Posted on by Dr. Francis Collins
At the end of last year, you may recall hearing news reports that the number of COVID-19 cases in the United States had topped 20 million. While that number came as truly sobering news, it also likely was an underestimate. Many cases went undetected due to limited testing early in the year and a large number of infections that produced mild or no symptoms.
Now, a recent article published in Nature offers a more-comprehensive estimate that puts the true number of infections by the end of 2020 at more than 100 million . That’s equal to just under a third of the U.S. population of 328 million. This revised number shows just how rapidly this novel coronavirus spread through the country last year. It also brings home just how timely the vaccines have been—and continue to be in 2021—to protect our nation’s health in this time of pandemic.
The work comes from NIH grantee Jeffrey Shaman, Sen Pei, and colleagues, Columbia University, New York. As shown above in the map, the researchers estimated the percentage of people who had been infected with SARS-CoV-2, the novel coronavirus that causes COVID-19, in communities across the country through December 2020.
To generate this map, they started with existing national data on the number of coronavirus cases (both detected and undetected) in 3,142 U.S. counties and major metropolitan areas. They then factored in data from the Centers for Disease Control and Prevention (CDC) on the number of people who tested positive for antibodies against SARS-CoV-2. These CDC data are useful for picking up on past infections, including those that went undetected.
From these data, the researchers calculated that only about 11 percent of all COVID-19 cases were confirmed by a positive test result in March 2020. By the end of the year, with testing improvements and heightened public awareness of COVID-19, the ascertainment rate (the number of infections that were known versus unknown) rose to about 25 percent on average. This measure also varied a lot across the country. For instance, the ascertainment rates in Miami and Phoenix were higher than the national average, while rates in New York City, Los Angeles, and Chicago were lower than average.
How many people were potentially walking around with a contagious SARS-CoV-2 infection? The model helps to answer this, too. On December 31, 2020, the researchers estimate that 0.77 percent of the U.S. population had a contagious infection. That’s about 1 in every 130 people on average. In some places, it was much higher. In Los Angeles, for example, nearly 1 in 40 (or 2.42 percent) had a SARS-CoV-2 infection as they rang in the New Year.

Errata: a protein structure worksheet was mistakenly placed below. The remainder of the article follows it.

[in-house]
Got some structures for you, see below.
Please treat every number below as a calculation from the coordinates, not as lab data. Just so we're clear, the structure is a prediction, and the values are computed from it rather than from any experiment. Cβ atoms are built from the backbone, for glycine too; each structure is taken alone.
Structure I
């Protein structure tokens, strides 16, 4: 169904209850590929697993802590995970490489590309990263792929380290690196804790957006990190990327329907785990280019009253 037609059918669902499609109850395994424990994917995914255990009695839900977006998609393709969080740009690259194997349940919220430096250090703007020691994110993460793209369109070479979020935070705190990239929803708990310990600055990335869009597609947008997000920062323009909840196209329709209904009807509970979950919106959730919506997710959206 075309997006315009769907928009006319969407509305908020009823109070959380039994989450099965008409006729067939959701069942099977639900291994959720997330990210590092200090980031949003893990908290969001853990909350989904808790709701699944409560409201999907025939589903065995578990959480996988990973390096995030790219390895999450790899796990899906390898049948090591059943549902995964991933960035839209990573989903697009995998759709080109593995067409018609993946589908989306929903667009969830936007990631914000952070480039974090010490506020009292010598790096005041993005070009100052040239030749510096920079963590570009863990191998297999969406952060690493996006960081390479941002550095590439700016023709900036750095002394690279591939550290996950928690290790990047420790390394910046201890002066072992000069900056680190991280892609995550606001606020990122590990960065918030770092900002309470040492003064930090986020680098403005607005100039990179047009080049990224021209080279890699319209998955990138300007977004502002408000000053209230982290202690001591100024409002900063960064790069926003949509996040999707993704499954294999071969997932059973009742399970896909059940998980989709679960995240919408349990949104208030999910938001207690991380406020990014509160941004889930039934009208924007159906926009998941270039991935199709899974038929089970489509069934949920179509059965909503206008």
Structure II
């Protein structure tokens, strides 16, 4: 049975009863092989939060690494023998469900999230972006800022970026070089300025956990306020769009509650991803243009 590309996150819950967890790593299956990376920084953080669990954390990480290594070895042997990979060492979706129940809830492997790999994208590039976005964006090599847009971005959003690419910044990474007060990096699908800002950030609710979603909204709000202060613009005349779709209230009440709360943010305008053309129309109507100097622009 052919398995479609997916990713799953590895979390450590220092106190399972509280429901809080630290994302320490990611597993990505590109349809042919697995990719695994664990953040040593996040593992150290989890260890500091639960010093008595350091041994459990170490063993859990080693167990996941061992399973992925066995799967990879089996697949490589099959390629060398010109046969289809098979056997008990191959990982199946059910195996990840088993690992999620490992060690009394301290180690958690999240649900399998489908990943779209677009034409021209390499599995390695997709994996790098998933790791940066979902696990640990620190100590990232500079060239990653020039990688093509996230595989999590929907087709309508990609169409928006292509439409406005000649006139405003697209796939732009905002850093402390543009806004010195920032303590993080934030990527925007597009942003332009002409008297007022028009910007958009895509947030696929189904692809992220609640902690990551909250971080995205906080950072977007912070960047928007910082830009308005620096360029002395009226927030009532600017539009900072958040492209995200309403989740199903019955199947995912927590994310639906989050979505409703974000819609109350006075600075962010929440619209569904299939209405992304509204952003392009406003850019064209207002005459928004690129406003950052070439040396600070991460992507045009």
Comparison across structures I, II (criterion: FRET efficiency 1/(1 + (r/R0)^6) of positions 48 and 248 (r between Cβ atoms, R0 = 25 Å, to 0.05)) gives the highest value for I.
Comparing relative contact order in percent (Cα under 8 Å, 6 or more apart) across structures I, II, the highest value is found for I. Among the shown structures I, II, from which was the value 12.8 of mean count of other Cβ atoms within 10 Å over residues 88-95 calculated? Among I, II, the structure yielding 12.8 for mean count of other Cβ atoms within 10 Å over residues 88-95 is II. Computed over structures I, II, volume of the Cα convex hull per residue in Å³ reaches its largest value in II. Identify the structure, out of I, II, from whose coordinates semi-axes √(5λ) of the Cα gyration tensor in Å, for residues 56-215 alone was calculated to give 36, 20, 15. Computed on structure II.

Over the course of the year, the fatality rate associated with COVID-19 dropped, at least in part due to earlier diagnosis and advances in treatment. The fatality rate went from 0.77 percent in April to 0.31 percent in December. While this is great news, it still shows that COVID-19 remains much more dangerous than seasonal influenza (which has a fatality rate of 0.08 percent).
Today, the landscape has changed considerably. Vaccines are now widely available, giving many more people immune protection without ever having to get infected. And yet, the rise of the Delta and other variants means that breakthrough infections and reinfections—which the researchers didn’t account for in their model—have become a much bigger concern.
Looking ahead to the end of 2021, Americans must continue to do everything they can to protect their communities from the spread of this terrible virus. That means getting vaccinated if you haven’t already, staying home and getting tested if you’ve got symptoms or know of an exposure, and taking other measures to keep yourself and your loved ones safe and well. These measures we take now will influence the infection rates and susceptibility to SARS-CoV-2 in our communities going forward. That will determine what the map of SARS-CoV-2 infections will look like in 2021 and beyond and, ultimately, how soon we can finally put this pandemic behind us.
 Burden and characteristics of COVID-19 in the United States during 2020. Pei S, Yamana TK, Kandula S, Galanti M, Shaman J. Nature. 2021 Aug 26.
COVID-19 Research (NIH)
Sen Pei (Columbia University, New York)
Jeffrey Shaman (Columbia University, New York)
Posted on by Dr. Francis Collins
You probably can’t remember the first time you came down with the flu as a kid. But new evidence indicates that the human immune system never forgets its first encounters with an influenza virus, possibly even using that immunological “memory” to protect against future infections by novel strains of avian influenza, or bird flu.
In a study that looked at cases of bird flu in six countries in Asia and the Middle East between 1997 and 2015, an NIH-supported research team found that people born before 1968 were at lower risk of becoming seriously ill or dying from the H5N1 strain of the bird flu virus than were those born afterwards . Just the opposite was true of another emerging strain of bird flu. People born before 1968 were at greater risk of becoming seriously ill or dying of H7N9, while those born after that date were more often protected.